Coming to think of it, we should give Sir Artur his own section in the Forum, maybe in the Science Fiction section. I cannot remember 100%, but would not be surprised if Childhoods End was the first ever SF book I read in my early teens...
Here is a something I found on the foundation that shows what a visionary he was, and every time you watch football on 30 west with your motor moving the dish in a perfect arc remember he "invented" it:
60th anniversary of the Clarke Orbit
Sir Arthur Clarke has been asked many, many times if he's miffed that his invention of the communications satellite concept in late 1945 never really paid him a penny. His standard reply is to laugh and explain that he did not believe his original vision would be realized for many decades, and then he concludes by saying, "But I still think it's a good idea!" Back in 1945, Clarke combined the technologies of rocketry, wireless communications, and radar to envision an extra-terrestrial system that relied on orbiting space stations to relay radio signals around the world. Just a dozen years later, the launch of Sputnik electrified the world, and brought his vision a step closer to reality. Less than a decade after that, in April 1965, the new international satellite telecommunications organization, Intelsat, under the management of the United States' Communications Satellite Corporation (COMSAT), successfully placed the Early Bird satellite over the Atlantic Ocean into what is now known worldwide as "the Clarke orbit."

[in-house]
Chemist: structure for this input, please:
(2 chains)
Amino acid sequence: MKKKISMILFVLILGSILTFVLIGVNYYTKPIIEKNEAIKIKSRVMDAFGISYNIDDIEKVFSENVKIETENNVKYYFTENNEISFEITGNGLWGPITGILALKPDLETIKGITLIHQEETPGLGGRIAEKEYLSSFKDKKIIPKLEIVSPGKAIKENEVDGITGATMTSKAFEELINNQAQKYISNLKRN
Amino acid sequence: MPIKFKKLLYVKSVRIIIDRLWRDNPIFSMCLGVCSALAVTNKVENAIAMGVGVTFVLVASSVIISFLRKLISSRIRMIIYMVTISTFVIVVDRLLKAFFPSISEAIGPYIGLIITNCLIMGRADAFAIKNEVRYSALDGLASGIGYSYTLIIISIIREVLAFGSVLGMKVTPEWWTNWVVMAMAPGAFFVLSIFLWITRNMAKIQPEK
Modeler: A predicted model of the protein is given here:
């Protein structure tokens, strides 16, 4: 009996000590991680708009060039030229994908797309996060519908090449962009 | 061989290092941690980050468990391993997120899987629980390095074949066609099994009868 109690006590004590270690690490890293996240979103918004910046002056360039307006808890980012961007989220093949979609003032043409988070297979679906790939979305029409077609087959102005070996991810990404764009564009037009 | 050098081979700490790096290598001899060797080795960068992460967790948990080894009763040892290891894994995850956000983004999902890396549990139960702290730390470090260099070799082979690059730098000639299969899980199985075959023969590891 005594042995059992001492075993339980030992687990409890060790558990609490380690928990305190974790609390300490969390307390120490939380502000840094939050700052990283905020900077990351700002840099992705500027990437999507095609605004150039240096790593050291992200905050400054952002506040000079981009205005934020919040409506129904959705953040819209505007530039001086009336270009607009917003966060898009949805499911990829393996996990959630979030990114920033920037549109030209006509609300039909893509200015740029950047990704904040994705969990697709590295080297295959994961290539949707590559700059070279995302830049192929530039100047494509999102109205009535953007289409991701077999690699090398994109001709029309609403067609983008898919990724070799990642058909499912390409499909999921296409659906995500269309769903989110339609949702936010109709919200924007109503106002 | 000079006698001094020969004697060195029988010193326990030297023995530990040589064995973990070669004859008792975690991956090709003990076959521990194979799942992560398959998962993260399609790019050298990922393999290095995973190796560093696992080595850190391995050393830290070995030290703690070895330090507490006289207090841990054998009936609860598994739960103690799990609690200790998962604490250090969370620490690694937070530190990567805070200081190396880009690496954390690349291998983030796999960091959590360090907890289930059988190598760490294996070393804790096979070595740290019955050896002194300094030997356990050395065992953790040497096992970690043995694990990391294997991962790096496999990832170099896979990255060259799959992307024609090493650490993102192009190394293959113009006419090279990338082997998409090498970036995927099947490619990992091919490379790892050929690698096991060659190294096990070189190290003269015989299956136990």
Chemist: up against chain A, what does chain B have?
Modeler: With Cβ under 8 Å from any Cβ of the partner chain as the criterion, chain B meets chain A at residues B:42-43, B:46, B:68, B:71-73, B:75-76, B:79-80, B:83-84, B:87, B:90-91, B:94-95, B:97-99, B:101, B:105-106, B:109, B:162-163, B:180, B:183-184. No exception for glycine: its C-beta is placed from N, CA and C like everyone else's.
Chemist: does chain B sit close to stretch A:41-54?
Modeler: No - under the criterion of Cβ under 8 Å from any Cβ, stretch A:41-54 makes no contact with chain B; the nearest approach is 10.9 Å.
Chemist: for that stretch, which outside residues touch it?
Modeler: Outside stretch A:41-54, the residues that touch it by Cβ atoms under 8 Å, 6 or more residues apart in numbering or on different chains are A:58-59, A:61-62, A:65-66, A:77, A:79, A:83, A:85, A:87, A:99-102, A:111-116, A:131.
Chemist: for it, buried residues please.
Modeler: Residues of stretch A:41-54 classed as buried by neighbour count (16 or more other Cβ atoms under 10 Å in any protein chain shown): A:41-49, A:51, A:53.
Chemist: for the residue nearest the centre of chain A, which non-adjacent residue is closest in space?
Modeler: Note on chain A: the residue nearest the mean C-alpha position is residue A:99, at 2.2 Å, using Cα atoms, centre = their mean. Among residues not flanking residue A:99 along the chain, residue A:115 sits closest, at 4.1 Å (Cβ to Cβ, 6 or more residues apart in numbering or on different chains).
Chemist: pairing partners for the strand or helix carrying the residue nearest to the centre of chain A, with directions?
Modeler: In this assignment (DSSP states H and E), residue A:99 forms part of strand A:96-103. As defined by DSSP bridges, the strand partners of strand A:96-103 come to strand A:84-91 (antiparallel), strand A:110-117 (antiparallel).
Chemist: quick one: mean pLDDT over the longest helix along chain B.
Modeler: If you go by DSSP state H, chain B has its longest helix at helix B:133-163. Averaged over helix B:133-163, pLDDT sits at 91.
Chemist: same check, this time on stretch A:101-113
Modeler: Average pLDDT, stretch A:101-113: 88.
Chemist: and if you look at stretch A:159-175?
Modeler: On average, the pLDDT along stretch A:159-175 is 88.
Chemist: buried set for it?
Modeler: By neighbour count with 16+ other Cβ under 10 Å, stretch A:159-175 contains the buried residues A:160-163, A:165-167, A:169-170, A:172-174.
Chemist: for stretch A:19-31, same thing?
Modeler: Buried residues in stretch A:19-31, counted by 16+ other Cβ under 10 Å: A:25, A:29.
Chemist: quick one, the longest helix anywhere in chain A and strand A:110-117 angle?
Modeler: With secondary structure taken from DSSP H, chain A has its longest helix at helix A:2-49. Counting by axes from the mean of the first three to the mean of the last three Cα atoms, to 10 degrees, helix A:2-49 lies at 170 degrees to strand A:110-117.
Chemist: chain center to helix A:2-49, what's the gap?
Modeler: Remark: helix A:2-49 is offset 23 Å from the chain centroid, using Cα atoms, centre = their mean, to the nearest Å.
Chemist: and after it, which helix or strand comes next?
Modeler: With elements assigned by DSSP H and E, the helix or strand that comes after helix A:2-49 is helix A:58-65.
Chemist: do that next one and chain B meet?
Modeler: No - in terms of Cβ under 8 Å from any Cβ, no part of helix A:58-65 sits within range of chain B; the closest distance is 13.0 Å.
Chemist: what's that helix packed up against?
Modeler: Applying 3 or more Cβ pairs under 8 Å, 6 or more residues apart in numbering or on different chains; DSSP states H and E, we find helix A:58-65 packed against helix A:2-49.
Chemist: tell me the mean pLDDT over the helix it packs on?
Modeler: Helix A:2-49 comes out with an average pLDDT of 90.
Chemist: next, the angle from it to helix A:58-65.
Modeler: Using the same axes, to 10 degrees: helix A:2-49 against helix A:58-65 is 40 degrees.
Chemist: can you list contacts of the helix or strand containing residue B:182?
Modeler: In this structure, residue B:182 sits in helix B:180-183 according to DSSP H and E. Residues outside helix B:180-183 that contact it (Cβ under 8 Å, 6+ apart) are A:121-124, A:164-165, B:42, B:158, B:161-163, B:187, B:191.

Just in time for the Apollo 11 lunar landing in July 1969, Intelsat completed a sequence of launches that placed satellites in space over each of the three ocean regions foreseen by Clarke nearly 25 years earlier. As Intelsat satellites beamed live coverage of Neil Armstrong's "giant leap for Mankind," Clarke joined Walter Cronkite in the “global broadcast booth” to provide expert commentary on the mission and its relevance to a breathless world.
This year we celebrate the 60th anniversary of the publication of Sir Arthur's short article, "Extra-Terrestrial Relays," in the October 1945 edition of Wireless World. His words put into play the minds of other scientists and visionaries working with rockets and radio, leading to the global satellite system and instant connectivity we take for granted today.
Thank you, Sir Arthur . . .
It might be interesting for some to read the original paper Clarke wrote, download the PDF here